Prescription Drug Collection Program Protects Community, Ecosystem

Salvay


OVERLAND PARK – Ever since his father died four years ago, Craig Salvay said he had wondered how to responsibly dispose of the items in his dad’s medicine cabinet.

The Prairie Village resident solved the problem a few days ago with a stop in the Black & Veatch parking lot at 11401 Lamar Ave. Through his van window he handed a bag full of prescription drugs to John Lacy, a senior officer with the Overland Park Police Department.

“I’m thrilled that somebody is doing this,” said Salvay. “I felt ill at ease about just flushing them down the drain.”

The Black & Veatch location was one of several around the metropolitan area where unused prescription drugs were collected as part of Saturday’s National Take-Back Initiative, a program run by the U.S. Drug Enforcement Administration (DEA). The agency incinerates the drugs it collects.

Local officials said removing unused prescription drugs from the community protects the water supply, since residents often discard the pills by flushing them down the toilet.

Culling the excess pharmaceuticals also diminishes the possibility of accidental poisoning or drug abuse, authorities said.

“We want to help dispose of the drugs so they don’t get into the wrong hands and don’t go into the ecosystem,” said Donie Hoffman, a detective with the Kansas City Police Department.

She manned a collection site set up as part of a community health fair at Research Medical Center, 2316 E. Meyer Blvd. in Kansas City, Mo.

The DEA has held two take-back events a year since initiating the program in 2010.

According to the agency, the program nationwide has removed more than 2 million pounds of unused prescription drugs from circulation.

The agency’s St. Louis divisional office compiles data from a six-state region. Collections from the five dates prior to Saturday’s event, netted about 94,000 pounds, according to the agency.

Data from the St. Louis office also showed that Johnson and Wyandotte counties collected about 4,400 pounds on Saturday, more than double the amount collected at last fall’s event.

The St. Louis officials had yet to receive all the data from the Missouri side of the metropolitan area earlier this week, though Jackson County reported a roughly 26 percent increase over fall from past weekend’s event.

The latest DEA event coincided with the one-year anniversary of the rollout of the Kansas Medication Disposal Program, administered by the Kansas Department of Health and Environment and the state pharmacy board.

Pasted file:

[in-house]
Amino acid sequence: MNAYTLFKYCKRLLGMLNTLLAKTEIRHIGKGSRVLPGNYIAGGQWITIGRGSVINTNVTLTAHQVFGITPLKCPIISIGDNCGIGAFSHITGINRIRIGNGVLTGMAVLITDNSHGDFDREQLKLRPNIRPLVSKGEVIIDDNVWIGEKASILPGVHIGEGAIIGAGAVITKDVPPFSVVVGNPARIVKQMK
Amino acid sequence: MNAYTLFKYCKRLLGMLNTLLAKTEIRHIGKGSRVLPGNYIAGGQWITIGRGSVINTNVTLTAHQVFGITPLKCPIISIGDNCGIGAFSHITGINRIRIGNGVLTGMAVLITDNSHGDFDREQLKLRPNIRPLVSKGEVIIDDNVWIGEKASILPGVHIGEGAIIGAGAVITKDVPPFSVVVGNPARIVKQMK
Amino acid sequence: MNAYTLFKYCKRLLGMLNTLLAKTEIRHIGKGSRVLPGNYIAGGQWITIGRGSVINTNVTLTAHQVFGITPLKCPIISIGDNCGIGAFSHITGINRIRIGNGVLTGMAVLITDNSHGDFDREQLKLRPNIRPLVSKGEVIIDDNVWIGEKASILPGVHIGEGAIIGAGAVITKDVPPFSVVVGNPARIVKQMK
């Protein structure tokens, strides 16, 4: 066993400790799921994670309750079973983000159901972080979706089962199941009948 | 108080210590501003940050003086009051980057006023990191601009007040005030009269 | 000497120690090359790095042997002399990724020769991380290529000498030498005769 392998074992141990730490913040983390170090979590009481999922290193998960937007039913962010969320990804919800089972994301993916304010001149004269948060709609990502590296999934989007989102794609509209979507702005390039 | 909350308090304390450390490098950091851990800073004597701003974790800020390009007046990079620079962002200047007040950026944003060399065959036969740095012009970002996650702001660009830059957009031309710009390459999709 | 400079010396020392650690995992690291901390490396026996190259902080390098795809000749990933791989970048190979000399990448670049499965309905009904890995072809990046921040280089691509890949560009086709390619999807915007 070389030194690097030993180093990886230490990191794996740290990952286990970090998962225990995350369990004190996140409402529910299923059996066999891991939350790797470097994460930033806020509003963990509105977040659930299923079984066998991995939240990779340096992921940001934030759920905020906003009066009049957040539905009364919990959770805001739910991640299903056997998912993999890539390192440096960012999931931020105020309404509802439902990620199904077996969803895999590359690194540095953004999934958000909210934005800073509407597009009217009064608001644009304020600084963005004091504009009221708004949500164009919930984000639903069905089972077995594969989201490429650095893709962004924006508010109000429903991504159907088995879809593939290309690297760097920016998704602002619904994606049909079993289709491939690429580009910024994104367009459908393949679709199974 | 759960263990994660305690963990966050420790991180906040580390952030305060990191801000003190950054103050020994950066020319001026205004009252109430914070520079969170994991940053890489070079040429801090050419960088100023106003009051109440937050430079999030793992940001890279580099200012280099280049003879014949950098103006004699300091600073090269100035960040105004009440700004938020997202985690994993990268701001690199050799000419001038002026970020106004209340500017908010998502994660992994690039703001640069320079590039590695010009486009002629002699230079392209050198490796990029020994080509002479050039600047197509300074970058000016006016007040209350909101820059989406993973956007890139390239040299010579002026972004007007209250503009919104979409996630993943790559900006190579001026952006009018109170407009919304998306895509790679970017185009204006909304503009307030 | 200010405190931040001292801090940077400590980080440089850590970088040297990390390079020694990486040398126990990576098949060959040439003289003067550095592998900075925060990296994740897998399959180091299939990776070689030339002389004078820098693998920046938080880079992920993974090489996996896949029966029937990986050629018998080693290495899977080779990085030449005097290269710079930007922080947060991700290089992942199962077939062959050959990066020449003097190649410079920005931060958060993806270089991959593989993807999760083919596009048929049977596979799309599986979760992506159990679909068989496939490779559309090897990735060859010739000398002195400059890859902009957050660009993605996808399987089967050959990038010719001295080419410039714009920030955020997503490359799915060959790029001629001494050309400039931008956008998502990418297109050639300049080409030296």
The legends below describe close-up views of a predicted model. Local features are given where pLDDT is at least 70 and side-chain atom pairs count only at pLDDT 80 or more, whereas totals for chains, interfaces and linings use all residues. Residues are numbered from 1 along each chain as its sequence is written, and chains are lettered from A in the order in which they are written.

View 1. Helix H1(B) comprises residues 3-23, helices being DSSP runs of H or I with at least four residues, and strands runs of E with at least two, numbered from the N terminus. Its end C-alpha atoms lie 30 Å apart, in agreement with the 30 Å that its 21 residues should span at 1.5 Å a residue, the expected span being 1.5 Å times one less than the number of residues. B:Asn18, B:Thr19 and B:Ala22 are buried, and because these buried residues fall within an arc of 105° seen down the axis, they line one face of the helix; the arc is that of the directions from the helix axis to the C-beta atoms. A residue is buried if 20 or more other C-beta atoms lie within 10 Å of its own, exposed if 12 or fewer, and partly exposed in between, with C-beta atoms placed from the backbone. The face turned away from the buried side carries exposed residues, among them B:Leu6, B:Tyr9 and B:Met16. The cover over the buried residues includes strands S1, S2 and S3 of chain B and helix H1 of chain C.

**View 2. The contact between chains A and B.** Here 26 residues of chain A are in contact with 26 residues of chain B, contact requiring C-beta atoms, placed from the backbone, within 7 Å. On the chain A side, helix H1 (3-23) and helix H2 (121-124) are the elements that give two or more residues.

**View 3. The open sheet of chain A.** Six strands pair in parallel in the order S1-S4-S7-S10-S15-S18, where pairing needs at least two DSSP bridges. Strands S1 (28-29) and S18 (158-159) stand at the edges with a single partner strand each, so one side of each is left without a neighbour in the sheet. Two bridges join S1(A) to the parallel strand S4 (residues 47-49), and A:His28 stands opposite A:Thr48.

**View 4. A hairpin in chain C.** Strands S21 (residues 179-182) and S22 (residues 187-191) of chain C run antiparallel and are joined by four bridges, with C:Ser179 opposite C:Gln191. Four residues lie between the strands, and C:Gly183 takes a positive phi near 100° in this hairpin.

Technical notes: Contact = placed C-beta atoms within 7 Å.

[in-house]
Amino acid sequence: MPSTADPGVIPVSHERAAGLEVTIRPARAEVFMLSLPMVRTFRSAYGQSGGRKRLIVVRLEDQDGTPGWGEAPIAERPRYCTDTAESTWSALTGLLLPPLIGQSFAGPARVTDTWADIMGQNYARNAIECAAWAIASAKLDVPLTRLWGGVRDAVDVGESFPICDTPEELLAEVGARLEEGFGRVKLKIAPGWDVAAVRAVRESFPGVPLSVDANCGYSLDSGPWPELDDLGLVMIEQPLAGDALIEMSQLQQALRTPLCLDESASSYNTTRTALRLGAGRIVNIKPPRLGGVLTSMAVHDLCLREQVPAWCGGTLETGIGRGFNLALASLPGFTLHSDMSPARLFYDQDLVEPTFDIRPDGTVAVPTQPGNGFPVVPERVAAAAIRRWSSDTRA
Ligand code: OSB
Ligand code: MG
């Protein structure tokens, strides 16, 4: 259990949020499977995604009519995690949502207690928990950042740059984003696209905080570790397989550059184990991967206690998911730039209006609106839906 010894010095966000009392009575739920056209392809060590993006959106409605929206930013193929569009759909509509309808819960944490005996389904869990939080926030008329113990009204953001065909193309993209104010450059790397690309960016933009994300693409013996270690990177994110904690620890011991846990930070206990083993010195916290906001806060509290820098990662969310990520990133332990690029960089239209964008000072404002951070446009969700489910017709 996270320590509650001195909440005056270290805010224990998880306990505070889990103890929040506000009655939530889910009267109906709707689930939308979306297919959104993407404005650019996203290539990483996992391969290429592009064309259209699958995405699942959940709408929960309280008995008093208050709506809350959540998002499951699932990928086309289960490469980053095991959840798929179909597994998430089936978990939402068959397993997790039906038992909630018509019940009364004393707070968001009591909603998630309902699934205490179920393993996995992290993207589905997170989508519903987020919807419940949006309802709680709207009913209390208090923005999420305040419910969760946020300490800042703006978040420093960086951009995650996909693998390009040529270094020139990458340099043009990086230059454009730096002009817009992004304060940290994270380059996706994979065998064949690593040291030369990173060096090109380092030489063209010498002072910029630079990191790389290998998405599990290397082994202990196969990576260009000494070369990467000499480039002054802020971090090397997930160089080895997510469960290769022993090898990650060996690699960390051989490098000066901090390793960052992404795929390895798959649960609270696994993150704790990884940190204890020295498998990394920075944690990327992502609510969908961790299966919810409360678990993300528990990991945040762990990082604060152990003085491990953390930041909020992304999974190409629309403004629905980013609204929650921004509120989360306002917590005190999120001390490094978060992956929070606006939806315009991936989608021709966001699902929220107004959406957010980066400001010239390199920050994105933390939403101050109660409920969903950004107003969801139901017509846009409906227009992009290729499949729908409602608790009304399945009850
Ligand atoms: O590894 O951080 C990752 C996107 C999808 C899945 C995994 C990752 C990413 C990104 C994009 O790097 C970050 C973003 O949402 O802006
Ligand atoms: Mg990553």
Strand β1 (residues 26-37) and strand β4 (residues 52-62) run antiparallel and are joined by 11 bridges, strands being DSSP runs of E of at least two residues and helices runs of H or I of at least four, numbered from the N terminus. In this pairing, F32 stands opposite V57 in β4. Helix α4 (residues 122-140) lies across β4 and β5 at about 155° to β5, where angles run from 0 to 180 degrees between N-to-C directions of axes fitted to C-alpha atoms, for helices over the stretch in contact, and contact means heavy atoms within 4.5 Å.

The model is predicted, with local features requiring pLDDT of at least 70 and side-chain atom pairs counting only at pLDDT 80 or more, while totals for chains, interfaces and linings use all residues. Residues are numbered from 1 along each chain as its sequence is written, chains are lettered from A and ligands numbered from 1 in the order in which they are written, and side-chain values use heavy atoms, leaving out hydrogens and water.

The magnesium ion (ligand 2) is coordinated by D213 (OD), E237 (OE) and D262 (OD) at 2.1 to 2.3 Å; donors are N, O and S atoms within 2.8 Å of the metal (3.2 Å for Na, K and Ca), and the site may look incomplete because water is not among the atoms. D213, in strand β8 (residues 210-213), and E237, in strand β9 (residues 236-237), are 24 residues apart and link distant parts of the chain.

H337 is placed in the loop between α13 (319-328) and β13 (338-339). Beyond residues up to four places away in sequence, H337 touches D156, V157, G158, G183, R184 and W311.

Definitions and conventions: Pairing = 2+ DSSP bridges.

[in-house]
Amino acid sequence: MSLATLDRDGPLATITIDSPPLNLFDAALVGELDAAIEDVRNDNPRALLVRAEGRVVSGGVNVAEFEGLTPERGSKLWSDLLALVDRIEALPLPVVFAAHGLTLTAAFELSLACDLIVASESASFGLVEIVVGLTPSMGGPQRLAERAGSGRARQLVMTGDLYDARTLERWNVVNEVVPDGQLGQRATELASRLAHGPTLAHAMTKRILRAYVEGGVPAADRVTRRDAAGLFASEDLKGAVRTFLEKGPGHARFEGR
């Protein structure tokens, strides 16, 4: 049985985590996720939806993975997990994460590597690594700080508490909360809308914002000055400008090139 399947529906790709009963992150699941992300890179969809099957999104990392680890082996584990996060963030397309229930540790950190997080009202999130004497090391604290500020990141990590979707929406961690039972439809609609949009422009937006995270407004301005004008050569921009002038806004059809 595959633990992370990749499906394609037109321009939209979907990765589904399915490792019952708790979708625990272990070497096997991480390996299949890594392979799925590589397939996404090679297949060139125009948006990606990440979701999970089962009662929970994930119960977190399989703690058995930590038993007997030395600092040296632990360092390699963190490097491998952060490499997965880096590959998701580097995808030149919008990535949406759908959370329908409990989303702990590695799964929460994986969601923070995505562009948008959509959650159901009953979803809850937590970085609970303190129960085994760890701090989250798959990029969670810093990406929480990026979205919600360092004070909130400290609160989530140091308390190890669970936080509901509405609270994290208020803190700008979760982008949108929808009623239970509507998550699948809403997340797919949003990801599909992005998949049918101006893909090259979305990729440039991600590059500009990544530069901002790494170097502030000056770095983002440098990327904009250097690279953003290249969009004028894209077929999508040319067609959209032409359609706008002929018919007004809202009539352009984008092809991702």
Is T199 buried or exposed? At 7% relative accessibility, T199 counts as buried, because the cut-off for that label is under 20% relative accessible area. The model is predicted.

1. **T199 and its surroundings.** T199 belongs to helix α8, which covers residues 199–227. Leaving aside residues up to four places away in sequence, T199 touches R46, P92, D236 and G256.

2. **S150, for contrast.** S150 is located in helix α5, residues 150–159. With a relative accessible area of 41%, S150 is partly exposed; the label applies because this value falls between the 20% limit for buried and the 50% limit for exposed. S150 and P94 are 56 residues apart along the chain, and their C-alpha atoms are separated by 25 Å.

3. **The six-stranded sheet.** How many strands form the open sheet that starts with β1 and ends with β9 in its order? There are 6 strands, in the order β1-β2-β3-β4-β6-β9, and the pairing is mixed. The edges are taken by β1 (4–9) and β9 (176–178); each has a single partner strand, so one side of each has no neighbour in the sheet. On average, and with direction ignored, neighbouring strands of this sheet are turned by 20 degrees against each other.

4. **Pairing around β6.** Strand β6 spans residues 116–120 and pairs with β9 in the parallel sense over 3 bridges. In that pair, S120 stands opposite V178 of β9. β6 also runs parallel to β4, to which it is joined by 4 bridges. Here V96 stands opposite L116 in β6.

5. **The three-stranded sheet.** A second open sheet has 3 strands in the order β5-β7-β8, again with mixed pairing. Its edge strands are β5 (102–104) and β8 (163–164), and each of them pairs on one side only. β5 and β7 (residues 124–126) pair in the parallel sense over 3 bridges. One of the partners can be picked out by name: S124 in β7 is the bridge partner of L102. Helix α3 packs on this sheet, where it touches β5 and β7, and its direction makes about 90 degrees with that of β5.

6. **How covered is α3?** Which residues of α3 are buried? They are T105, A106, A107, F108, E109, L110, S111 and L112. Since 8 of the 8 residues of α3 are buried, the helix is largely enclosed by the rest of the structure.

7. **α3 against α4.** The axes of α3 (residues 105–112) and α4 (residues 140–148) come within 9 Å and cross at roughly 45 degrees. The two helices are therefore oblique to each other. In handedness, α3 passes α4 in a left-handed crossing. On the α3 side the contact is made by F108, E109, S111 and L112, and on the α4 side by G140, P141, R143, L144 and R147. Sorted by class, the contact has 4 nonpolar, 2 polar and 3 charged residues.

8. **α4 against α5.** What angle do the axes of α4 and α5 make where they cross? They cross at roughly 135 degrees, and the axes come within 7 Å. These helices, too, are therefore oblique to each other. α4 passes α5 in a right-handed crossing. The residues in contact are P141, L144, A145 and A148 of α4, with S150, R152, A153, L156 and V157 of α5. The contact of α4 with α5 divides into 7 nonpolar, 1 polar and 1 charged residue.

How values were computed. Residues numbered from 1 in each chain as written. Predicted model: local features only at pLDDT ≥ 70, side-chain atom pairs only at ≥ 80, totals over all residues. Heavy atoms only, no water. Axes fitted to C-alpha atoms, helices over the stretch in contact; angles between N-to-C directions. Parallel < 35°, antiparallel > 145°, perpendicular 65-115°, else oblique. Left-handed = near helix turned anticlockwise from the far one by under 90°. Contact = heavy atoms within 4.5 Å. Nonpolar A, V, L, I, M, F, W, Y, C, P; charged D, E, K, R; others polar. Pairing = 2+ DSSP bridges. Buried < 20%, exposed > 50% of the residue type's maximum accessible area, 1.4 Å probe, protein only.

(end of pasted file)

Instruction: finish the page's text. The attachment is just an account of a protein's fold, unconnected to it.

The program allows pharmacies and county hazardous waste facilities to take back unused medications, though unlike the federal program, Kansas does not accept seriously addictive drugs such as painkillers.

There are approximately 70 drop-off points around Kansas, said Jessica Willard, who manages the program. She said officials would like to at least double the number of participating sites within the coming year.

Commonly returned drugs include antibiotics, cold medications and blood-pressure pills, Willard said.

Since 2000, according to KDHE, Kansas has seen an increase of 125 percent in the hospital discharge rate for unintentional drug poisoning.

Between 2007 and 2009, Kansas children ages 4 years and younger had the highest emergency department visit rate for unintentional drug poisonings among all age groups (1,416 of 4,395 visits).

Law enforcement officials working the DEA event said that ridding homes of narcotics such as OxyContin, a painkiller, and Xanax, an antidepressant, was especially important in curbing drug abuse among teens.

“We know most drug addictions start inside the home medicine cabinet,” said James Schriever, a master patrol officer with the Kansas City Police Department. He was working a midtown collection point.

Some of the drugs have a street value of as much as $30 per pill, police said.

Overland Park saw a spike in teen overdoses six or seven years ago, said Sgt. Eric Houston of the Overland Park Police Department. The problem has diminished since then but persists, he said.

Officers working the collection points recalled drop-offs at earlier events from relatives of deceased physicians, including one woman who brought 1950s era medicines in glass bottles with typewritten labels.

Schriever said he once talked with a woman who brought an old amputee kit that included a bone saw.

“We told her to take it to a museum,” he said.



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